Water and E10: Trouble by the Tank Full

Water contamination in E10 gasoline-ethanol blends presents a new paradigm to filling station operators.

Straight gasoline is hydrophobic; that is, it won’t mix with water, so any water that got into the tank sank harmlessly (relatively speaking) to the bottom. Ethanol is hydrophilic so water that enters storage tanks is immediately absorbed and contaminates the fuel. Understanding and controlling the effects of this contamination on your fuel and your tanks is critical in assuring you and your customers don’t end up having bad fuel ruin a good day.

The American Petroleum Institute* cites three significant consequences of water contamination in gasoline-ethanol blends:

  • Phase separation
  • Micro-organisms
  • Accelerated Corrosion and Conductivity

Phase separation

Small quantities of water can be dissolved in a gasoline-ethanol blend, but beyond a certain concentration (.5‰ @ 60 degrees F), saturation will be achieved. Any additional water beyond this point, even a small amount, will cause the ethanol to separate from the gasoline and form a separate solution with the water. This phenomenon in gasoline-ethanol storage tanks is known as phase separation. When phase separation occurs, the water/ethanol solution sinks and forms a layer on the bottom of the tank, leaving gasoline in the upper level with a lower ethanol content and a reduced octane level. In tanks where phase separation has occurred, the remaining gasoline-ethanol blend in the upper level is out of compliance for ethanol content and the posted octane rating on the dispenser.

Micro Organisms

Microbes can flourish in tanks containing gasoline-ethanol blends and cause corrosion of internal tank surfaces. Microbial induced corrosion (MIC) can occur under aerobic and anaerobic conditions. Micro-organisms survive by feeding on the hydrocarbons at the interface between the water layer and the gasoline layer. Wastes and fermentation products secreted by the microbes produce water, sludge and acidic byproducts that can cause material degradation. The acidic residues of sulfate reducing bacteria can cause metal corrosion and may, if left unmanaged, cause a tank failure. There is also recent evidence of MIC in un-phase separated product. The primary cause of microbial growth is the presence of water. Minimizing and managing water intrusion into the tank system from all sources are effective measures to discourage the growth of microbial colonies.

Accelerated Corrosion and Conductivity: Compared to gasoline and hydrocarbon fuels, ethanol has a high electrical conductivity and oxygen content. The chemical properties of ethanol also contribute to its ability to readily absorb water. The suspension of water within gasoline-ethanol blends enhances galvanic corrosion and rusting by providing an oxygen-rich environment that is also a good conductor of electricity. These conditions present in ethanol blend service can lead to corrosion and ultimately metal loss in various components that are not normally adversely affected by gasoline.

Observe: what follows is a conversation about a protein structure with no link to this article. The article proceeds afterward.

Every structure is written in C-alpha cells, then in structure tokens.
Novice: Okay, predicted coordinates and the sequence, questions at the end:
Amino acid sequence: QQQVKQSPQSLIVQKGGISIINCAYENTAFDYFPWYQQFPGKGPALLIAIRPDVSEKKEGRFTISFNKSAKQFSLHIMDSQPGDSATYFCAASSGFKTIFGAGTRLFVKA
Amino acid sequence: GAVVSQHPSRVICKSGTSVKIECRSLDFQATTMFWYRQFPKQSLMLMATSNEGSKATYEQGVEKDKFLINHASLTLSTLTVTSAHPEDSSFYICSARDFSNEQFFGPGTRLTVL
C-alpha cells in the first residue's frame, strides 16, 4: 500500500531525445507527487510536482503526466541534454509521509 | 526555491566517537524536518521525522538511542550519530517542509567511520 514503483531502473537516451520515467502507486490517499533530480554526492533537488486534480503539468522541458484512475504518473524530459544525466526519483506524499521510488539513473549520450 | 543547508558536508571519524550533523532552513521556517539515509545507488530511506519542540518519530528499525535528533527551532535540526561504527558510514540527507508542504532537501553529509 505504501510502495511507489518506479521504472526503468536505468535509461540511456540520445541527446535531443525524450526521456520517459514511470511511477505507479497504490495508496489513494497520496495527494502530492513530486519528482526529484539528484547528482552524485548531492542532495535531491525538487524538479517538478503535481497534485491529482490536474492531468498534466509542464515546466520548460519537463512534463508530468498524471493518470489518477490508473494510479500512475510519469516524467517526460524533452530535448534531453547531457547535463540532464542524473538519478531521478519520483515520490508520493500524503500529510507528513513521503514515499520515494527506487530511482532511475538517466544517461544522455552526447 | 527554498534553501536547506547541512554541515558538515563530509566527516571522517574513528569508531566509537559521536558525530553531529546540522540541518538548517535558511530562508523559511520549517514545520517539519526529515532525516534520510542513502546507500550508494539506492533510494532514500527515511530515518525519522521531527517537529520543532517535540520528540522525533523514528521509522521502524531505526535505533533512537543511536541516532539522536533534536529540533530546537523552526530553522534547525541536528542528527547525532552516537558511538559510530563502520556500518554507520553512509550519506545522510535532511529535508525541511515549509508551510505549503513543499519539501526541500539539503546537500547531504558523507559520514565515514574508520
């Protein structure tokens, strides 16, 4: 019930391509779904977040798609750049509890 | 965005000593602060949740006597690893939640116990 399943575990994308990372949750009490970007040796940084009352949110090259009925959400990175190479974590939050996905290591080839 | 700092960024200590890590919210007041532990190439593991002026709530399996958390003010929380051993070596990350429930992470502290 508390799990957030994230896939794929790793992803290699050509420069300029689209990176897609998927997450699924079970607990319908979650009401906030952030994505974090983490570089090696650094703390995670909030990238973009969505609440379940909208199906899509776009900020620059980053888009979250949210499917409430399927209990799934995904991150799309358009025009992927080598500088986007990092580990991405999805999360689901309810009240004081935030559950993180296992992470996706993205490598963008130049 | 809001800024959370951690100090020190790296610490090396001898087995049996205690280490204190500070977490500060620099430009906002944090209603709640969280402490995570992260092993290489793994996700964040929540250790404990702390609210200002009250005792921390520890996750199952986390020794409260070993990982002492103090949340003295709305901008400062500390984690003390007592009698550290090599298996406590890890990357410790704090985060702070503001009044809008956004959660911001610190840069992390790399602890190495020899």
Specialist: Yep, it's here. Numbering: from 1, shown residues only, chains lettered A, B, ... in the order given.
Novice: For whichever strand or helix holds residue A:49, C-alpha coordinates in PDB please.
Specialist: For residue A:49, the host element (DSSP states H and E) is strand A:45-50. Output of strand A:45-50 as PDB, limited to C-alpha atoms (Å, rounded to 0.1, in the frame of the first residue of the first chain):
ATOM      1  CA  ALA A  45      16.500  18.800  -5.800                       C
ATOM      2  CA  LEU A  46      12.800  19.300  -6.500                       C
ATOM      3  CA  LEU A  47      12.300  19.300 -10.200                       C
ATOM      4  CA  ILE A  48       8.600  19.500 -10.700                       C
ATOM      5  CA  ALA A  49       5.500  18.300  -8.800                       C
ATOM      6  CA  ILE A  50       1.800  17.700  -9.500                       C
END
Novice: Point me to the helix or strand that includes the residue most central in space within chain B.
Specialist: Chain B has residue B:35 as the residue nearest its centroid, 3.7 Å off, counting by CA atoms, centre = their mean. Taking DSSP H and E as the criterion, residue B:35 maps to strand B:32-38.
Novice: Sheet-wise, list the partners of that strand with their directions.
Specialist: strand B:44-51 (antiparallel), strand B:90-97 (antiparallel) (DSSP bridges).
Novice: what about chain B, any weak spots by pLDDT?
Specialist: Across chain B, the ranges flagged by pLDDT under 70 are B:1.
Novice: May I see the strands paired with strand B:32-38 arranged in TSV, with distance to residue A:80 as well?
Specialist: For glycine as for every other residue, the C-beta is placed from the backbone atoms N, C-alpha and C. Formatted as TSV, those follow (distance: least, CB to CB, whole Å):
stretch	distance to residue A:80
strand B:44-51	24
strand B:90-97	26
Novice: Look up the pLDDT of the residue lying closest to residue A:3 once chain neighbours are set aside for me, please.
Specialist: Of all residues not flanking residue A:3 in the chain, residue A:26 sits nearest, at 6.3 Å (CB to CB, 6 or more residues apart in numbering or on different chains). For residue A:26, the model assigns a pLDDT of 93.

Preventing water contamination is the key to managing all three of these issues. The problem is that it is virtually impossible to prevent contamination, so a strategy of managing the water that does get into your tank system must be considered. K100G fuel treatment from Kinetic Fuel Technology Inc. is the only product proven to fully remediate water contamination in gasoline-ethanol blends. K100G is many times more hydrophilic than ethanol, and chemically bonds with water molecules in such a way as to prevent them from going into solution with ethanol. It is specifically formulated to keep the water/K100 molecule in full suspension, thereby preventing phase separation. Likewise, microbes cannot flourish in K100 treated fuels because there is no longer a gasoline/water interface in which to survive. The enhanced conductivity problem is also controlled because the water is no longer chemically available to catalyze the process.

As long as there are no obvious signs of gross water contamination in a storage tank system, regular additions of K100G should be sufficient to totally control incipient water issues. If the tank turns over several times a month, adding 5 gallons of K100G every third fuel drop should be enough. If the tank turnover is significantly slower than that, add 5 gallons of K100G every second drop.

*API Recommended Practice 1626